Last month, a 15-year-old named Alex celebrated his graduation from Camp Woodson in Swannanoa. I was there to hear him speak, along with a crowd of fellow graduates, employees, court counselors and staff from the Swannanoa Valley Youth Development Center, where the camp’s offices are. In a soft voice, Alex said, “I am a man who believes in second chances.”
And that, indeed, is why he was there. Operated by the N.C. Department of Juvenile Justice and Delinquency Prevention, Camp Woodson runs a voluntary, adventure-based wilderness program that’s been giving teens like Alex a fresh start since 1976. Most of them have been committed to one of the state’s youth-development centers. Successfully completing a 32-day Woodson session is their return ticket home. But it isn’t easy.
“We’re no more a ‘camp’ than Camp Lejeune,” says veteran field-staffer Noel Swinburne. Each session is structured around five backpacking expeditions, with a handful of other activities mixed in, such as rock climbing, paddling, community service and a monitored solo excursion.
As a former Woodson employee, I’ve seen the program in action, and I believe in it. That’s why I was listening to Alex. But his group’s graduation may be one of the program’s last. Gov. Beverly Perdue has excluded Woodson from her proposed budget. There’s still a chance—but little time—to prove to legislators that they shouldn’t pull the plug on it.
True, it’s no easy task measuring the learning outcomes of a therapeutic wilderness program, or convincing legislators that it works. “I believe the program really makes a difference,” says Camp Woodson Director Steve Teixeira. In part, he gauges the program’s success by its favorable recidivism rates. Of the 103 students to participate in a Woodson session last year, only 22 percent were charged with a crime in the six months following graduation. That’s significantly better than the 52 percent recidivism rate for all the state’s youth development centers.
Many of Camp Woodson’s lasting results can’t be captured in statistics, however.
And while slashing the program will save the state $1 million, I can assure you that each dollar goes far. Consider Woodson’s use of carbide lamps when hiking in the dark on long expeditions. About the size of a soda can, the devices generate a small, bright flame when drops of water react with calcium carbide. Once favored by coal miners and cavers, carbide lamps have since been replaced by battery-operated halogen lamps, and the camp staff manages a graveyard of scrap parts just to keep a handful of the lamps functioning. It’s one small example of Woodson’s overall culture of resourcefulness.
And that rugged approach is exactly what these unsettled teenagers require. Just as carbide lamps stand at the fringe of the wilderness-lighting world, so these kids cling to the margins of our communities. Kids like Alex have burned all their bridges, committed serious crimes and been locked up. “We routinely work with kids who have failed miserably in the YDC environment but thrive here,” notes Teixeira. “Our students are used to rebelling and resisting, so it can be very disarming when we empower [them] to make choices and hold them accountable for their decisions.”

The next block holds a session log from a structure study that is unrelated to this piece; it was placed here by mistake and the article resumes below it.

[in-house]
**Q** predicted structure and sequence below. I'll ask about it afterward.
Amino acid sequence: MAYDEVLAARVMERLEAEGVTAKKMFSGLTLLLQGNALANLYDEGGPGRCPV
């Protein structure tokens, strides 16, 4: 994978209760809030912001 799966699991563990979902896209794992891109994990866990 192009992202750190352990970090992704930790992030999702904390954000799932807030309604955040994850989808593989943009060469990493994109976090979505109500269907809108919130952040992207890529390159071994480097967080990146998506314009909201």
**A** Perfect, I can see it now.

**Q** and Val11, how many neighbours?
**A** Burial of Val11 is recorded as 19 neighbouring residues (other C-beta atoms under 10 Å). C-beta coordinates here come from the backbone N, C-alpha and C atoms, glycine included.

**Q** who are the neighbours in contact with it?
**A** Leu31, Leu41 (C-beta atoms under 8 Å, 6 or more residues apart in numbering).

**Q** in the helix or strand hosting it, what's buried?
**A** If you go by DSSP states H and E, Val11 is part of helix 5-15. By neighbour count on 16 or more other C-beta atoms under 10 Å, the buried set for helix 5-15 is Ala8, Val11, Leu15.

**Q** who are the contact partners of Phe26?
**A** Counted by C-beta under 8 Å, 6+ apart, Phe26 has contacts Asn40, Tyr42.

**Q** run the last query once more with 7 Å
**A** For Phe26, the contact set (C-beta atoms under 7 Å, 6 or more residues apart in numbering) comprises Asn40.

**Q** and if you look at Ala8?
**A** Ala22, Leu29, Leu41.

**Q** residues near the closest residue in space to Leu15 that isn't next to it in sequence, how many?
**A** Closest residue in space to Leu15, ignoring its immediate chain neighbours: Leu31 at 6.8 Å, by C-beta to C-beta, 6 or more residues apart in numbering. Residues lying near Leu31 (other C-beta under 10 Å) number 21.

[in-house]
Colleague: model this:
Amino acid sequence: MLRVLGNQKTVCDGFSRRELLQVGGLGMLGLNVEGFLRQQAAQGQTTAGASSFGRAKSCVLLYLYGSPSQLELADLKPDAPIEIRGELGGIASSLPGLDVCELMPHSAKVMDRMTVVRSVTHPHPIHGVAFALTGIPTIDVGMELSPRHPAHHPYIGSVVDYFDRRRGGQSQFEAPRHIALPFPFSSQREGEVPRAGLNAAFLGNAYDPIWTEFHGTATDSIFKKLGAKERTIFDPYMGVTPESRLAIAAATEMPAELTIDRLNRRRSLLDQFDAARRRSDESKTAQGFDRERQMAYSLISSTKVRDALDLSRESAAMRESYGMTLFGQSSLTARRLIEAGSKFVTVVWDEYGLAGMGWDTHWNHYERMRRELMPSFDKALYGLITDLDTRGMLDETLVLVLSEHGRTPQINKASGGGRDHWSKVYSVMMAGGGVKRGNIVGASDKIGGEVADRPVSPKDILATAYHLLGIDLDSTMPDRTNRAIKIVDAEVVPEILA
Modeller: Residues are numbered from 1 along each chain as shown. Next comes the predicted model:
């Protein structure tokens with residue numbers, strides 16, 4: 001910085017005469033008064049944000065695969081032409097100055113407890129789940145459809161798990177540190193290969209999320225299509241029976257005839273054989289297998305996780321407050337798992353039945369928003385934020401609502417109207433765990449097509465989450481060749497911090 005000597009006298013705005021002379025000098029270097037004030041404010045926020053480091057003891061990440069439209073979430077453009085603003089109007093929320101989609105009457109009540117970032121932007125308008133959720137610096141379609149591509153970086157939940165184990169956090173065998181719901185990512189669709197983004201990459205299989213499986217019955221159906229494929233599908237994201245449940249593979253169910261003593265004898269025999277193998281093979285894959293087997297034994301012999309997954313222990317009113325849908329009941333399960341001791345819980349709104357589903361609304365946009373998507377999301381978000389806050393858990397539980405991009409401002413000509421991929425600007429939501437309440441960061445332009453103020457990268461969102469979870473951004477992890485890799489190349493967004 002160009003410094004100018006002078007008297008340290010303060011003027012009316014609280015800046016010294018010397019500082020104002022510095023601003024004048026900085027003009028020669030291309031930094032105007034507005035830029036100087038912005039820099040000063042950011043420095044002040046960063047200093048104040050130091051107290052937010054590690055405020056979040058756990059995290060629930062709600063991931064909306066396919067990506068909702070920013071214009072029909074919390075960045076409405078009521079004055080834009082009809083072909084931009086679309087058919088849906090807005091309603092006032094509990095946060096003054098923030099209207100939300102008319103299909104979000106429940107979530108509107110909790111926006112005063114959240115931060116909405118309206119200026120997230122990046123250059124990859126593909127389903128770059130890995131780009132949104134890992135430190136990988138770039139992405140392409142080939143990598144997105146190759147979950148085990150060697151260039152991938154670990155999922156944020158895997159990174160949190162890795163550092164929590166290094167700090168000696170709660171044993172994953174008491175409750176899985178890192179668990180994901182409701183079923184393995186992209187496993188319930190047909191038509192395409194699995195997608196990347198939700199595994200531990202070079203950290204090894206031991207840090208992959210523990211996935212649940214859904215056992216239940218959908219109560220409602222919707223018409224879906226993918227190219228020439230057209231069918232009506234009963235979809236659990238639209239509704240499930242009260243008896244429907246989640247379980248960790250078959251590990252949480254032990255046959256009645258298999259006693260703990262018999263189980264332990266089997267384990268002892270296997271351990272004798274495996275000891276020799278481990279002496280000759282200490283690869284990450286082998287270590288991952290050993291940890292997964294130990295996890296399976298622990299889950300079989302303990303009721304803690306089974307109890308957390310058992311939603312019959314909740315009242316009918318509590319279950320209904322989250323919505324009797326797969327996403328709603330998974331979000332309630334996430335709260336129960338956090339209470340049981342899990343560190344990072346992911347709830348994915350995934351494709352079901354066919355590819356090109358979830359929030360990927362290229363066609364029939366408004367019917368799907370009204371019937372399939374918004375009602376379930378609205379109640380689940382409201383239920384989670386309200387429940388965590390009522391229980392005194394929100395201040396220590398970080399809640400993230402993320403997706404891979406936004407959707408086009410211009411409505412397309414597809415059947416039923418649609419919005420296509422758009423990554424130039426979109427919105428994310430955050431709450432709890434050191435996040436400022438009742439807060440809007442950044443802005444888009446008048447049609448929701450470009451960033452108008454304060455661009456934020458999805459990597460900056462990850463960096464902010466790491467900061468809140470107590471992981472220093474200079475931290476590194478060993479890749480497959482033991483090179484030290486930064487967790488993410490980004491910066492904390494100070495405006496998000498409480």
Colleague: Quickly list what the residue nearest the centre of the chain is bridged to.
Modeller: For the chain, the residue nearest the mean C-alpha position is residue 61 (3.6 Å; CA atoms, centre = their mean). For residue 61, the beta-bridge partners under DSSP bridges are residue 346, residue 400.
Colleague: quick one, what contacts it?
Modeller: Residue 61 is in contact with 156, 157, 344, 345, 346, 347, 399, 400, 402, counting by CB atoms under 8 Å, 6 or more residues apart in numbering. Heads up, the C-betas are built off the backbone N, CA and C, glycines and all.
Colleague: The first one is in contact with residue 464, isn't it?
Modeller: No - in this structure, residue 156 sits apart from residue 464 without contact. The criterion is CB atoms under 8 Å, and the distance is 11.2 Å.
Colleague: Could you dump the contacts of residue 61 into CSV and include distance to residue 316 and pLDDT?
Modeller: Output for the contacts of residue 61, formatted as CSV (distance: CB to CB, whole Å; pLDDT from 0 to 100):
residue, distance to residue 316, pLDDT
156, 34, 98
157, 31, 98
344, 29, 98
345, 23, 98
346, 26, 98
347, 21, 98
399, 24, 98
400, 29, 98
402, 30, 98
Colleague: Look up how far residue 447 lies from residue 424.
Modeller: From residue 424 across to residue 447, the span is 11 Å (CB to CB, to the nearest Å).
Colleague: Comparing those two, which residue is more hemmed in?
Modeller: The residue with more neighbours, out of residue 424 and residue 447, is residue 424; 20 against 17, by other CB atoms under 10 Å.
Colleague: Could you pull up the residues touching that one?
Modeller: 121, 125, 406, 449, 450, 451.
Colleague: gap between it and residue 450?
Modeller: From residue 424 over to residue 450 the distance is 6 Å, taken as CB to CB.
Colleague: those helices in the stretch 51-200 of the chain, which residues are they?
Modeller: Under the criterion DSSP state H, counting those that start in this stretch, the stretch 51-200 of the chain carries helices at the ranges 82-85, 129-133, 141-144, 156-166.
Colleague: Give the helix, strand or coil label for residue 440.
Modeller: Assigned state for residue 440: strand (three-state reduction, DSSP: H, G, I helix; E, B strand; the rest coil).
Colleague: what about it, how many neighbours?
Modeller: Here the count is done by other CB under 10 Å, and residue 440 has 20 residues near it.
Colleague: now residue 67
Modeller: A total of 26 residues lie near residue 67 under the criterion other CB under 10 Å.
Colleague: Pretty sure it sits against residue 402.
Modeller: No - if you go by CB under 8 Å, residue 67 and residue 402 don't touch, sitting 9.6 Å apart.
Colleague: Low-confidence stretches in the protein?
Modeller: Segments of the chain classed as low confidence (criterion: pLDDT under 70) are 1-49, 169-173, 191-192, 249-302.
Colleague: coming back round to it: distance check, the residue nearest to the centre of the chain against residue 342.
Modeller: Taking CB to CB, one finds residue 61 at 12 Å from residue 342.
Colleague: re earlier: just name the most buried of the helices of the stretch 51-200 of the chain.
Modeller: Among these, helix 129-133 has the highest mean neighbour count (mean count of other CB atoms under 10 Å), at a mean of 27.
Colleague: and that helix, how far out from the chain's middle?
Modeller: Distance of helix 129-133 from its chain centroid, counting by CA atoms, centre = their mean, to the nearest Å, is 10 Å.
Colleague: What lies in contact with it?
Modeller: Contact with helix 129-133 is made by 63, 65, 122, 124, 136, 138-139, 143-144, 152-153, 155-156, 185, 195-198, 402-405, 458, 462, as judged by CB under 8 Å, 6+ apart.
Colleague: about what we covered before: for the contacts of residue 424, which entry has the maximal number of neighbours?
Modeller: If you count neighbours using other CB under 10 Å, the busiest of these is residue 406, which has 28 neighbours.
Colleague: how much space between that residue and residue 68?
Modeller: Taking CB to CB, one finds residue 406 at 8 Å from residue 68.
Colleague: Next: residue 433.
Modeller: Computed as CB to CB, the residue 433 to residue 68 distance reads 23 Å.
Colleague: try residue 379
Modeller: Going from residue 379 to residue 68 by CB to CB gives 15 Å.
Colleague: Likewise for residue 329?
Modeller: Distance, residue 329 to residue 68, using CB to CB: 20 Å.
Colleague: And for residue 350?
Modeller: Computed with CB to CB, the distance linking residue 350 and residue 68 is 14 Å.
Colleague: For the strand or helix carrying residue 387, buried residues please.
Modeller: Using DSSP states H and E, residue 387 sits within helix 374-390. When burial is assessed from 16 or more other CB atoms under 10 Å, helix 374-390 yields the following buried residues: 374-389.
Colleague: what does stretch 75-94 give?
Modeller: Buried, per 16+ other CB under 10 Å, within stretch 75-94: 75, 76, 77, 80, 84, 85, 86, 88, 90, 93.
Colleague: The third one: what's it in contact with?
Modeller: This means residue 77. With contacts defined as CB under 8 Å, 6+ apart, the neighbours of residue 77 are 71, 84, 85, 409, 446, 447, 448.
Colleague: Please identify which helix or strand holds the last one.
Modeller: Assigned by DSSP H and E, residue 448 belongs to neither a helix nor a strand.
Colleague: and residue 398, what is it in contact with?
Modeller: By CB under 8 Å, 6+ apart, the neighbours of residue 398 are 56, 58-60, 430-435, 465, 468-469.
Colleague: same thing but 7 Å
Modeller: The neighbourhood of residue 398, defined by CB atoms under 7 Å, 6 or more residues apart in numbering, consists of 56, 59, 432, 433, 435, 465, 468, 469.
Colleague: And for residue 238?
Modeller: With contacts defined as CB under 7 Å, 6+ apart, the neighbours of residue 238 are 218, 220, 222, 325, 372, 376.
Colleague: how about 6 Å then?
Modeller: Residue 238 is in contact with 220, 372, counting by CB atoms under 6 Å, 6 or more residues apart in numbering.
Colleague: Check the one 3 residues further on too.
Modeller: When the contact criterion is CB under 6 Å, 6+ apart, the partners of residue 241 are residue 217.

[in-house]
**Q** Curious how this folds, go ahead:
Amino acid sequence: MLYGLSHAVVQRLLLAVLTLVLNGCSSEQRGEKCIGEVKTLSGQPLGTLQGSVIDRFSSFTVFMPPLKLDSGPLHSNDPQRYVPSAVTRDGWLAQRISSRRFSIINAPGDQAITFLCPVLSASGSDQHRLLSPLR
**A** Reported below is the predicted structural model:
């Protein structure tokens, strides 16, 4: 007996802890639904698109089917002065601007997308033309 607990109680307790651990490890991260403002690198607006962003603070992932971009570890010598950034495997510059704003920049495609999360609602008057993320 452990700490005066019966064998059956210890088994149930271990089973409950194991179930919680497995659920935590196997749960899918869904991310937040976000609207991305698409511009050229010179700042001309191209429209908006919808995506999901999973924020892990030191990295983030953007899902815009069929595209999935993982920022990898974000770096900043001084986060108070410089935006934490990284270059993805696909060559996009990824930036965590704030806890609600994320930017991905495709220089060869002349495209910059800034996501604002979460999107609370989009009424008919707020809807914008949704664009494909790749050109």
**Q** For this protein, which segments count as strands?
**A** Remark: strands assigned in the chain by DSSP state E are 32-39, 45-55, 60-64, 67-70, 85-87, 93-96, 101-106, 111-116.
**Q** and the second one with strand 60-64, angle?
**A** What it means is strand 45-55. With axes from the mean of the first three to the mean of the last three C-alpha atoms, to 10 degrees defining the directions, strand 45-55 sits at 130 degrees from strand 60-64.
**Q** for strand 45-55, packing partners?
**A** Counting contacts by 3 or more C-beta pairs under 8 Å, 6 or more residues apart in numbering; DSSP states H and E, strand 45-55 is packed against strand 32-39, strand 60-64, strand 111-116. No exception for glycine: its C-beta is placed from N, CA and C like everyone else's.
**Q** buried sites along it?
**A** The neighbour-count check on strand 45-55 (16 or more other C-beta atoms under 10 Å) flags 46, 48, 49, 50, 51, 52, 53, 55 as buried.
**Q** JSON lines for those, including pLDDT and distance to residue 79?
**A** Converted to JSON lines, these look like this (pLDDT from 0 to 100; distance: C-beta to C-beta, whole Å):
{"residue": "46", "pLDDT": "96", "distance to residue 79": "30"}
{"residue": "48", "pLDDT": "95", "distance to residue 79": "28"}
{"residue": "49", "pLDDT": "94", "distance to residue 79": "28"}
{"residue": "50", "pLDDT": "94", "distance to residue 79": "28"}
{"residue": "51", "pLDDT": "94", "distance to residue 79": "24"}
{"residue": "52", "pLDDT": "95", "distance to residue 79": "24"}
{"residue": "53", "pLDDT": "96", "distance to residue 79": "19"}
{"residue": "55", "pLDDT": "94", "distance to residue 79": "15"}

Soon, the General Assembly will consider proposing changes to the governor’s budget. But while budget makers have been bombarded with e-mails, calls and letters, the reality is that Woodson is competing for scarce dollars with other effective, useful programs. But consider this: Reps. Carolyn Justus of Henderson County and Bruce Goforth of Buncombe County are the primary sponsors of a bill that would appropriate $3 million to build fences around two youth centers in the eastern part of the state. I find the irony cheerless: That’s enough to fund Woodson for three years, and it would fence in some of the very kids who might otherwise find redemption in the woods.
Scrapping Woodson would also jettison nearly two dozen jobs while eliminating a model project. “It doesn’t make sense to cut the program,” says former Woodson head Elbert Hargrave. “You should cut things that don’t work, that lose money, that you don’t need. This is a nationally respected program. This program can’t be replaced.”
Here’s what I learned from working there: Camp Woodson is a place for transformation, a place where teens like Alex can make significant changes in their lives. What’s most agonizing to me is that kids like him may not get a second chance—and they’re the ones who need it most.
To voice your support for Camp Woodson, contact Gov. Bev Perdue (919-733-4240), Sens. Martin Nesbitt Jr. (firstname.lastname@example.org or 919-715-3001) and John Snow (email@example.com or 919-733-5875), and/or Reps. Susan Fisher (firstname.lastname@example.org or 919-715-2013), Bruce Goforth (email@example.com or 919-733-5746), Carolyn Justus (firstname.lastname@example.org or 919-733-5956) and Jane Whilden (email@example.com or 919-715-3012).
[Jack Igelman worked at Camp Woodson from 1997 to 2000.]